“What you’re trying to do, when you tell a story, is to write about an event in your life that made you feel some particular way. And what you’re trying to do, when you tell a story, is to get the audience to have that same feeling.” - Deepstash

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6 Rules of Great Storytelling (As Told by Pixar)

Pete Docter

“What you’re trying to do, when you tell a story, is to write about an event in your life that made you feel some particular way. And what you’re trying to do, when you tell a story, is to get the audience to have that same feeling.”

Pete Docter

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6 Rules of Great Storytelling (As Told by Pixar)

6 Rules of Great Storytelling (As Told by Pixar)

https://medium.com/@Brian_G_Peters/6-rules-of-great-storytelling-as-told-by-pixar-fcc6ae225f50

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Key Ideas

Pete Docter

Pete Docter

“What you’re trying to do, when you tell a story, is to write about an event in your life that made you feel some particular way. And what you’re trying to do, when you tell a story, is to get the audience to have that same feeling.”

Pixar’s Plotting Techniques For Structure And Purpose

The Story Spine structure: Once upon a time there was [blank]. Every day, [blank]. One day [blank]. Because of that, [blank]. Until finally [bank].

A story’s purpose: find why you want to tell this story, what belief of yours fueled that story, what does it teach and its purpose. Stories with a purpose that you are passionate about have a bigger impact.

Jon Westenberg

Jon Westenberg

“Storytelling is the greatest technology that humans have ever created.” 

6 Rules for Great Storytelling

  1. Great stories convey things common to the human condition in unique situations. They are universal.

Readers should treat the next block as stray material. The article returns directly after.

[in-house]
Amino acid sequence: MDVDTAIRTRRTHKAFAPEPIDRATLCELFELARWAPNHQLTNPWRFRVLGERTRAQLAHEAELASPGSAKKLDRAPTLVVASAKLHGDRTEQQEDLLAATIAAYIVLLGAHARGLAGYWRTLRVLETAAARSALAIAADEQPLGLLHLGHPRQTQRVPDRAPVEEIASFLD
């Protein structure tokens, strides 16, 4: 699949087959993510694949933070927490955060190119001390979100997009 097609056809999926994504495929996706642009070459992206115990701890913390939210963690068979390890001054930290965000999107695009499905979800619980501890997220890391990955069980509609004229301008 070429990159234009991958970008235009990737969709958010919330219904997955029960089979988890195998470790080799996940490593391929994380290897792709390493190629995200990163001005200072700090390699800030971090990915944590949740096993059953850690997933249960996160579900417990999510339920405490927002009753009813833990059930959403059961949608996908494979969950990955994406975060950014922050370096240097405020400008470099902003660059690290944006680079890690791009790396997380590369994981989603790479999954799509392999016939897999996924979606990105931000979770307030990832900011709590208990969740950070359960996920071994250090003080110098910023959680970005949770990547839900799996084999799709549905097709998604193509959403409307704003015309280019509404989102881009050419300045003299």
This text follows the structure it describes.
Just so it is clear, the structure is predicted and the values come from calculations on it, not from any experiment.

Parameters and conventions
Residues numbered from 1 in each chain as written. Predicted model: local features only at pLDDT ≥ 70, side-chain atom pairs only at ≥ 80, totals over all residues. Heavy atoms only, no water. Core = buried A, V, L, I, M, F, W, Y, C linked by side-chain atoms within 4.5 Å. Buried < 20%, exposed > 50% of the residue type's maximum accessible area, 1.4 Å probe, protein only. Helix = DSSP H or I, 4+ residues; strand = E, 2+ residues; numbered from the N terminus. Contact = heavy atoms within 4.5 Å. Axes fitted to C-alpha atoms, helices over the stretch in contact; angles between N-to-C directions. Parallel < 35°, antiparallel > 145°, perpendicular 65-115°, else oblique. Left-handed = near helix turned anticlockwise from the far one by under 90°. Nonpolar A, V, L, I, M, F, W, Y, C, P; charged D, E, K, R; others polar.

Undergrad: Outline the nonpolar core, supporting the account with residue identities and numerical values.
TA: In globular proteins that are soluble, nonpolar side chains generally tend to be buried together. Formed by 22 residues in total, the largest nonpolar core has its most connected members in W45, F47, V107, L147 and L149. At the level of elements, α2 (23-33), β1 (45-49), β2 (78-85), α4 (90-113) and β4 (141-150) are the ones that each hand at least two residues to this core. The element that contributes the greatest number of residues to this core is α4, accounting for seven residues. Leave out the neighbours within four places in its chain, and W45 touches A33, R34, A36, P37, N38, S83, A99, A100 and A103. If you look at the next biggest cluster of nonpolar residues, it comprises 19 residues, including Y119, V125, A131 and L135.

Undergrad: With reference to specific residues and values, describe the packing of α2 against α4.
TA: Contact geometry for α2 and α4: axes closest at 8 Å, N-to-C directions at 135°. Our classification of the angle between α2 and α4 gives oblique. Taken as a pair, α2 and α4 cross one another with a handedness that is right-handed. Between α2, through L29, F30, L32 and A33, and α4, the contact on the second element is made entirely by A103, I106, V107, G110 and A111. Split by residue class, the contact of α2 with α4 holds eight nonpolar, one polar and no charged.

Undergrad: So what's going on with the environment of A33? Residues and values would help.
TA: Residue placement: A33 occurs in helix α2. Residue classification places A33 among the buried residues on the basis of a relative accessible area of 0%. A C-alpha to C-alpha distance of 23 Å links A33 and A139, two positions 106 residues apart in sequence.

2. Great stories have a clear structure and purpose. 
  3. People find it easy to root for an underdog and they don’t even need to succeed. They value the character’s journey over their destination.
  4. Great stories appeal to our deepest emotions. 
  5. Having the readers perceptions of reality challenged or changed in some way makes for great storytelling.
  6. Great stories are simple and focused. Resist the urge to show all the world building you made to allow your audience to get lost in the narrative. You can test your story by reading it to a new person and watching their reactions and questions.

SIMILAR ARTICLES & IDEAS:

Steve Jobs

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Storytelling Is Everything

Whether it's telling inspiring stories to customers or delivering a presentation to executives and the board of directors, being a good storyteller helps us make the leap from Good to Great.

Product managers and designers can benefit tremendously by great storytelling, and so can anyone who is working with product design.

Purpose

Instead of selling products, we need to focus on their purpose and what good it does for the end-user. Focus on the need of the customer and design the product around it.

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Storytelling is...
Storytelling is...
...the process of using fact and narrative to communicate something to your audience. Some stories are factual, and some are embellished or improvised in order to better explain the core message.
Why we tell stories
  • Stories solidify abstract concepts and simplify complex messages;